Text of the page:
6. To help you keep track of how often your snake eats, it will be necessary to keep a record. A standard 3-by-5 card is all that is needed. Record the name of the person you bought the snake from, when it eats, what it eats, how much it eats, shed dates, weights and any other information you find useful. It is easy to spot any potential problems if there are unexplained drops in weight or long periods of not feeding. This record will also be helpful if you ever need to take the snake to a vet. Instead of trying to remember when the snake shed or ate last, just bring the card in and show the vet.
7. Once in a while, a ball python will stop feeding. If your ball python has been feeding regularly and suddenly stops, it could be for a number of different reasons. Is the snake going to shed? Many snakes will stop eating at this time. Is it winter? During the shorter day lengths and cooler temperatures, many ball pythons will stop feeding. After the shed or after winter, the snake will generally begin eating again. 
8. If you have recently received the snake and it refuses to eat, don’t handle it for a week. Double check your temperatures to make sure that they are appropriate, and provide a good hide box for the ball python. Last, but not least, make sure that you are offering it the same type of food that it was previously being fed. As a breeder, it is very frustrating for me to receive phone calls about ball pythons that are refusing to eat for their new owners. When I ask them what they are trying to feed the snake, it is almost always something other than what it was eating before it was sent to them. Please remember to be clear about what you need your snake to feed on. This will save on stress for you and your pet. 

 

Watch Out for These Health Problems

Bad sheds are a common problem with ball pythons. To help prevent this from happening, make sure the temperature in the cage is not too hot. If an overhead spotlight is used for heating the cage, it will dry out your ball python. If the enclosure has a screen top, you may need to cover part of the top to help retain cage humidity. You can also provide your ball python with a snug-fitting “shed box.” This could be a Rubbermaid-type container with a lid and a hole in the side for the snake to crawl through. Place damp sphagnum moss inside the container. This will provide your snake with the little extra humidity that it may need to have a successful shed. It is also important to provide your ball python with clean water, changing it at least weekly. Any shed that remains on the snake must be carefully removed. Moisten with tepid water and gently remove the retained pieces of shed skin.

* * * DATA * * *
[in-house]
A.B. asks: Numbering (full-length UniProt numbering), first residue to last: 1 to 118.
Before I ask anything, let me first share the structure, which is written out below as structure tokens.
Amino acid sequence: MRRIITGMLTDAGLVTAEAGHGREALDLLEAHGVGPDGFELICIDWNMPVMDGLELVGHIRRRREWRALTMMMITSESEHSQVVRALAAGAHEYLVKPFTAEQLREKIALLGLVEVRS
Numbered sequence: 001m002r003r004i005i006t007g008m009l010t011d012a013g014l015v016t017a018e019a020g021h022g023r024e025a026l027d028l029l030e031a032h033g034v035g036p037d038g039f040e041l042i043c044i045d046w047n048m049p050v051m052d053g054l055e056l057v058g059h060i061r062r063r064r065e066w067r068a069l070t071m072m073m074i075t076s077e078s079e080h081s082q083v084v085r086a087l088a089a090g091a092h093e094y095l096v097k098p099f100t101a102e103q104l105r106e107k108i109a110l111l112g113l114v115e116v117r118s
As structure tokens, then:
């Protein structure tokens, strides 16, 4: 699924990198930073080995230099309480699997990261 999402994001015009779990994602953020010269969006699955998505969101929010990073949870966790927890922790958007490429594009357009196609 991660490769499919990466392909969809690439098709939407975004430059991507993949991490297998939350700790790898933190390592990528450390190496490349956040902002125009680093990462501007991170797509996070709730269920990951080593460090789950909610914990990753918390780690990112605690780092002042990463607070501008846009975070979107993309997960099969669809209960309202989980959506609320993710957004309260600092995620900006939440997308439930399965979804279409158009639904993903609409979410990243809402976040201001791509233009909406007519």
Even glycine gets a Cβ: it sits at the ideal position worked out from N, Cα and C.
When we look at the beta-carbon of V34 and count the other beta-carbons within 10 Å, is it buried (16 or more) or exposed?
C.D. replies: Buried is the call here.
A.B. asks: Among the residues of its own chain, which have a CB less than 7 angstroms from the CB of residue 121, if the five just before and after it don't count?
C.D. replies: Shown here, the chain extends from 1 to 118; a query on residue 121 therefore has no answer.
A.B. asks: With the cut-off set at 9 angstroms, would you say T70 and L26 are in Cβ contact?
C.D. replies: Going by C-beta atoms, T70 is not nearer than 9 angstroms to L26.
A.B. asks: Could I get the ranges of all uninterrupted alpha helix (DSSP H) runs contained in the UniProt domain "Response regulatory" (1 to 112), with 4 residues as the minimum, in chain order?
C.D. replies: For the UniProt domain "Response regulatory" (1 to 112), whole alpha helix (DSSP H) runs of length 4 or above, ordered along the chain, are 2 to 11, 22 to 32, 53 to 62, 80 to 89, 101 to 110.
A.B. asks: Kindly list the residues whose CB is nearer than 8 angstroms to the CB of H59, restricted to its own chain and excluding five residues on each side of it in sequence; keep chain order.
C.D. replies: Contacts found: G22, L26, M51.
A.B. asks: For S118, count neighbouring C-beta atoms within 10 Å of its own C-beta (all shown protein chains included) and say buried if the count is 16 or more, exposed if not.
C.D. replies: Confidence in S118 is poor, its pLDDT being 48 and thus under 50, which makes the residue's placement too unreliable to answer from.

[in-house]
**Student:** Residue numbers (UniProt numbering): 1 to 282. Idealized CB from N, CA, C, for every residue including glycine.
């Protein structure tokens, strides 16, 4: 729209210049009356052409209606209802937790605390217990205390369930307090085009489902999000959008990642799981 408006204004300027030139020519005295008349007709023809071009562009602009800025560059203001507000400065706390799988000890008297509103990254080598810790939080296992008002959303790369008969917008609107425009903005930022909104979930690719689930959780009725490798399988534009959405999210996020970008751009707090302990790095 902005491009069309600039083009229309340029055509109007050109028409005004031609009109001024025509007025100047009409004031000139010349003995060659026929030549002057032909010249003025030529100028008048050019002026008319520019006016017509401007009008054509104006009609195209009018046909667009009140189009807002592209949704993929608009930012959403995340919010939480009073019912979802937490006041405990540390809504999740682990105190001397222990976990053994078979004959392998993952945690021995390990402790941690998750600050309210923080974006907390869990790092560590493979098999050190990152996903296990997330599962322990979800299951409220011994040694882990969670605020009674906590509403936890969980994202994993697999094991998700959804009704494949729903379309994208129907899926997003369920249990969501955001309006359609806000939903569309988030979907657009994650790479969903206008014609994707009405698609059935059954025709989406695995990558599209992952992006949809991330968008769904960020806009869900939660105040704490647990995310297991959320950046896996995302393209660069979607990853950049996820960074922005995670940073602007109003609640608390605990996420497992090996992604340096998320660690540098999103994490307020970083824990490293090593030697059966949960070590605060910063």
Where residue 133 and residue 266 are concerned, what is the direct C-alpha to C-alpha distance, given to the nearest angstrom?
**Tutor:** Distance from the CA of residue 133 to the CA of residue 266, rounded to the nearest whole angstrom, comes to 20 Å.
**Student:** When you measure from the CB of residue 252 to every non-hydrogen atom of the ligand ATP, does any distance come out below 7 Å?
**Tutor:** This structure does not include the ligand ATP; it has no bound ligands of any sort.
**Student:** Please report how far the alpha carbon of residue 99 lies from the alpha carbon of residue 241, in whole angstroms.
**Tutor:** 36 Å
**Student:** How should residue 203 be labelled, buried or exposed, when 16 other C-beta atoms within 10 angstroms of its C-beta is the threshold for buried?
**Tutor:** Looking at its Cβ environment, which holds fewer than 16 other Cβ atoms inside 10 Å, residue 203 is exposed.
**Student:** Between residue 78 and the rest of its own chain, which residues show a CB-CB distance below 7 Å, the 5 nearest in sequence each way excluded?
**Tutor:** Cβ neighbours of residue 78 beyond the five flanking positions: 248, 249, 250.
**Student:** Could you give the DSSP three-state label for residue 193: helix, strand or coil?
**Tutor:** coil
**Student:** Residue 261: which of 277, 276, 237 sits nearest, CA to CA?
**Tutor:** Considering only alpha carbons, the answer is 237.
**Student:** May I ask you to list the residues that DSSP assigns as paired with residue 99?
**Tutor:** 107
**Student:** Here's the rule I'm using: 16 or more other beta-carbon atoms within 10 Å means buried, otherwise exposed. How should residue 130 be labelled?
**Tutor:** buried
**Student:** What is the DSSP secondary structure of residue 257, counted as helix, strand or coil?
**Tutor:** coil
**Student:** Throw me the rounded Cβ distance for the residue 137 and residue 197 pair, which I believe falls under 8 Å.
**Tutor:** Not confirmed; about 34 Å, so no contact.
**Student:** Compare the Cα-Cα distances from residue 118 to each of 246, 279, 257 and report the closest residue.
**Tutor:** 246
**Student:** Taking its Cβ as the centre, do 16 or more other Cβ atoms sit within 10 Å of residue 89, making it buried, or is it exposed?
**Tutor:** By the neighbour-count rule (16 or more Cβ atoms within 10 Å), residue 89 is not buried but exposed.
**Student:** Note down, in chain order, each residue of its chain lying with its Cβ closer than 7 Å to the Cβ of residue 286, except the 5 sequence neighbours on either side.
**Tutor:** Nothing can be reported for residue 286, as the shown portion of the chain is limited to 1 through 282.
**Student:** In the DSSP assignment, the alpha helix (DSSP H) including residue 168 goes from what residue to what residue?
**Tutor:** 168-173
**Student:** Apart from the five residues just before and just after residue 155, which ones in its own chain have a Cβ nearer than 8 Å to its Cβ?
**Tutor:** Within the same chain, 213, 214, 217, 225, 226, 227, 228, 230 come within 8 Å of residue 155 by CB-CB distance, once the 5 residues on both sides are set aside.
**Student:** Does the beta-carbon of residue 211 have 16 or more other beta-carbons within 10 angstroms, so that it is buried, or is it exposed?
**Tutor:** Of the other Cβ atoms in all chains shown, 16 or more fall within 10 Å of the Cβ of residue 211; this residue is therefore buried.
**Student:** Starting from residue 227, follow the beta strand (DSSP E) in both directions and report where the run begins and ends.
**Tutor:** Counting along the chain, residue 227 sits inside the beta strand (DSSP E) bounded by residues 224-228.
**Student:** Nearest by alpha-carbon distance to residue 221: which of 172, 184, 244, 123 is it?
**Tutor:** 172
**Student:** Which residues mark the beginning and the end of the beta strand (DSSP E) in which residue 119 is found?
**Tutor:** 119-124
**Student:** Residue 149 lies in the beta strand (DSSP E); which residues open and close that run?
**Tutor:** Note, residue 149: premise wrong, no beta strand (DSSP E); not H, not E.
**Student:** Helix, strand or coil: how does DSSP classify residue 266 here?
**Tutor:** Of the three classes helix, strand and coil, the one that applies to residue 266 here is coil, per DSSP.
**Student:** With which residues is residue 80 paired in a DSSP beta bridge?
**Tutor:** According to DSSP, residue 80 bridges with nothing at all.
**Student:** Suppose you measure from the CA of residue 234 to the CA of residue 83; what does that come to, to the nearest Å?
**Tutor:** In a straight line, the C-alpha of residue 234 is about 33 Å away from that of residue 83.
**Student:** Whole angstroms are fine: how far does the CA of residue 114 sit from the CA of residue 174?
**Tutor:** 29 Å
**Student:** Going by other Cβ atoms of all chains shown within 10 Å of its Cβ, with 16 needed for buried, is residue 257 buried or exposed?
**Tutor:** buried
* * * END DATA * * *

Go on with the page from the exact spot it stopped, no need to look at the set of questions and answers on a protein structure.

ball python

COLETTE SUTHERLAND

Clown piebald morph.

Mites can be a problem. Think of them as snake fleas. Mites are small, black bloodsuckers. They are commonly found around the eyes of ball pythons. They can also be found on your hands if you have handled a ball python that is infested with mites. Fortunately, there are numerous products on the market that can be used to get rid of these pests. Mites and other parasites are avoided by following proper quarantine procedures and by keeping the cage and furnishings clean.

Respiratory problems, as mentioned earlier, can also occur in ball pythons. These generally happen when the snake becomes too stressed. A respiratory infection requires the care of a qualified veterinarian. It is important to note that if the ball python you purchased was healthy and properly cared for, it should not have any health problems. 
Burns are avoided by using proper heating equipment. Rodent bites are avoided by training your ball python to feed on dead prey. 

Enjoyable and Easy

I have personally kept ball pythons for more than 35 years and have found them to be very enjoyable and relatively problem free. I am continually amazed at the tremendous variety of colors and patterns that are now available. May you enjoy your adventures with them as much as I have!  


Colette Sutherland has kept and bred ball pythons for more than 35 years. She has authored two books on the captive care and breeding of ball pythons. She was also featured in the very first in-depth video/DVD that covered ball python breeding produced by Dr. Mark Seward. Formally a native of California, she now calls Utah her home, where she currently works with her husband, Dan, in their various business ventures, which have grown out of working with ball pythons: TSK Inc., TSK Supply and TSK Feeders. Visit her website at ballpython.com.